Let’s be in a house of our own.
Let’s be done with school and working hard.
Let’s have a field of daffodills in the back of our yard.
Let’s be alone sometimes, once in a while, or maybe even more often.
Let’s have a sun room where you can knit and I can write.
Let’s not be working nights and weekends anymore.
Let’s be open to adventure and have the time to take it when it hits.
Let’s have memories of all the places we’ve travelled to.
Let’s be lovers in the spring so by winter we’ll have new mouths to feed.
Let’s be married and have pictures from our wedding on the walls.
Let’s have cats in the house, birds on the porch, and rabbits in the hutch.
Let’s be somewhere between young and beautiful and distinguished and experienced.
Let’s talk about all of our goals that we’ve already accomplished.
Let’s have dinner parties on friday nights, cuddle up on saturdays,
Let’s spend all day sunday in bed, unless there is brunch.
Definitely let us enjoy our family while it’s young,
But let’s also have pipe dreams of opening a cafe when we retire.
Let’s have a real life and not be just waiting anymore.
Camille LS • 2012
I wrote The Demise of Dearest Ned when Cj and I were in the airport coming back from North Carolina for thanksgiving. He was trying to read Game of Thrones, and I was musing on how the author made “fantasy names” by simply changing one letter in an average name (for example: Eddard instead of Edward, Rickard instead of Richard… you get the idea). Anyway this one character Eddard Stark’s nickname is Ned, and I was commenting on how the nickname didn’t make any sense to me. I couldn’t figure out where it could have come from, and I said something to the extent of: “The only way that would make sense is if his name was like Eddard Nedderson… or something.”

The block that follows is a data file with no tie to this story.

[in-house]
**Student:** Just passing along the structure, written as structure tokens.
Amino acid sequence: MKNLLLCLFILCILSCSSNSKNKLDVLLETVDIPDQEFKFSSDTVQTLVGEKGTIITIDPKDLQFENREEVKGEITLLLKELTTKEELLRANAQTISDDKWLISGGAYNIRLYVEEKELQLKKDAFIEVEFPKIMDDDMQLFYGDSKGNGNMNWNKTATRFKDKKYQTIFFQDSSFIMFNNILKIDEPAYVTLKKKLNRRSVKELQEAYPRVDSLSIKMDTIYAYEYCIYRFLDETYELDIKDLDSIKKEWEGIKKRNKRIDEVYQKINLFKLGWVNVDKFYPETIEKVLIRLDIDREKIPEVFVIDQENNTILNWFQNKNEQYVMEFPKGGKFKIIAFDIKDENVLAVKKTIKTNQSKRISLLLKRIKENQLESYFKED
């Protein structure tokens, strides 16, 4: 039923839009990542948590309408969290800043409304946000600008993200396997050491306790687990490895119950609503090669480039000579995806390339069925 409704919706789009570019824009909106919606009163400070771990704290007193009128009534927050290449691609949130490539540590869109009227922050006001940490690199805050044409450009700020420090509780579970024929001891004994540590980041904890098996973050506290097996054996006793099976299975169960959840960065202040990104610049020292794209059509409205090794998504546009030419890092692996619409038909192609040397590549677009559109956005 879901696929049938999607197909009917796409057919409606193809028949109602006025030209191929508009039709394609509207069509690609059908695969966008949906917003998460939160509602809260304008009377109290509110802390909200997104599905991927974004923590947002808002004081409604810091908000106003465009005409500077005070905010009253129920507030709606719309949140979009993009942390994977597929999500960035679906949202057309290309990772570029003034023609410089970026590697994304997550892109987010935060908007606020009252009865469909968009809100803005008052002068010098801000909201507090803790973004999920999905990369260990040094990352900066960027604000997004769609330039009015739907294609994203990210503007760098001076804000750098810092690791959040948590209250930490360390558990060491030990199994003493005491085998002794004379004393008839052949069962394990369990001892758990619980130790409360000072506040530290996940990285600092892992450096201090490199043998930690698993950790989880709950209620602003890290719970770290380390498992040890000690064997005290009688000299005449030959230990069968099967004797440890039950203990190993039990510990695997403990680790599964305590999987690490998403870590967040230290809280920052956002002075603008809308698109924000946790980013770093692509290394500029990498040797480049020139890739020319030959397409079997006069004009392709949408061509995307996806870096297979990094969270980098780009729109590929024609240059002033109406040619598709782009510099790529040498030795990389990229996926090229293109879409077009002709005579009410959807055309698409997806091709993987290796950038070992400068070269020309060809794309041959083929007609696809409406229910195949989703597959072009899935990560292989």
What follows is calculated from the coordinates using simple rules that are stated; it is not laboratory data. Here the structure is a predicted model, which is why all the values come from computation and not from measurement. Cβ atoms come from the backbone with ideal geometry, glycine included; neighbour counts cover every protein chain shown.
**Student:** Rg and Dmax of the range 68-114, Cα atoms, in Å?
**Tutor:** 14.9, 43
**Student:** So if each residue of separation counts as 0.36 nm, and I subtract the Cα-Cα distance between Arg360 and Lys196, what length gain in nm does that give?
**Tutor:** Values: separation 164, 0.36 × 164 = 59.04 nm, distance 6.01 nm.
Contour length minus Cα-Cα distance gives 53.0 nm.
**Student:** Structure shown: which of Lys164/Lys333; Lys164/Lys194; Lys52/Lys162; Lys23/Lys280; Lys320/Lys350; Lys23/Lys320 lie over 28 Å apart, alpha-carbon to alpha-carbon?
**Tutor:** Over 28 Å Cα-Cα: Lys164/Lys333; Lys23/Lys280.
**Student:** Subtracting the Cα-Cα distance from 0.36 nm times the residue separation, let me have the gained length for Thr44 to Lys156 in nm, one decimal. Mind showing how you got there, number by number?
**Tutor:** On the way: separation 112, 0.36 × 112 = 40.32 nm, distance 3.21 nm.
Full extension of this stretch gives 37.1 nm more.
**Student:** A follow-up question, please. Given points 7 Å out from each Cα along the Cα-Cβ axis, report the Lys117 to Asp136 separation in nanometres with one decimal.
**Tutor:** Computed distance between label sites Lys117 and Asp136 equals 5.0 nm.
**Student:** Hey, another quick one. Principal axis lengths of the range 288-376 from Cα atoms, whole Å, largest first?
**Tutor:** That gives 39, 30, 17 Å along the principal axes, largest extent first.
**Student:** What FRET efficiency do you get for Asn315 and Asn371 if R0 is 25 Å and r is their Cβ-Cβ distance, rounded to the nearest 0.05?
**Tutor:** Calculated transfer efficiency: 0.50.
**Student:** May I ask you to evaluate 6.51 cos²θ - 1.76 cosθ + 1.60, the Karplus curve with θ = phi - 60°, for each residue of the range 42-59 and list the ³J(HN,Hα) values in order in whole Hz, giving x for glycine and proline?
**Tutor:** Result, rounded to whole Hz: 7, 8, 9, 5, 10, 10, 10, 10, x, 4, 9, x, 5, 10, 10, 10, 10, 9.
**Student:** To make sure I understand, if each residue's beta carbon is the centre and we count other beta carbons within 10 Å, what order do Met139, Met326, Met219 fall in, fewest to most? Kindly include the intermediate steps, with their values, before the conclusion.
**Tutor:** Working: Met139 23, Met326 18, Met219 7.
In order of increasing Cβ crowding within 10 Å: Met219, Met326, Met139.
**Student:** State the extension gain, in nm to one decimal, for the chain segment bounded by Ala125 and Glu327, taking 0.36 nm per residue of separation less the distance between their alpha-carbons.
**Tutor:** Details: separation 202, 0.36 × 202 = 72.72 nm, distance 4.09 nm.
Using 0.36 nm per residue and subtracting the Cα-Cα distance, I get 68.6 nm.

After we joked around a little about dear old Ned, Cj challenged me to write a short story about my version of Eddard “Ned” Nedderson. So I asked him a few basic questions to form a background and then filled in the rest! It was just meant to be a silly little story, I hope you like it. :)
A short story:
Once upon the dark ages, in a country you may or may not have ever heard of, there was a traveling salesman known affectionately as Ned. He was an average man. Ned was of average height and average weight, he wore average clothes, he had brown hair and brown eyes and generic looking features. The only thing above average about him was a spectacular and meticulously styled moustache. When Ned was traveling he didn’t always have lodging, a place to sleep or a place to shower, but he still always made sure he had a place to shave and trim his moustache. The style of his ‘stache even changed with the month. This chilly November he sported a heavily waxed handlebar with perfect curls at both ends.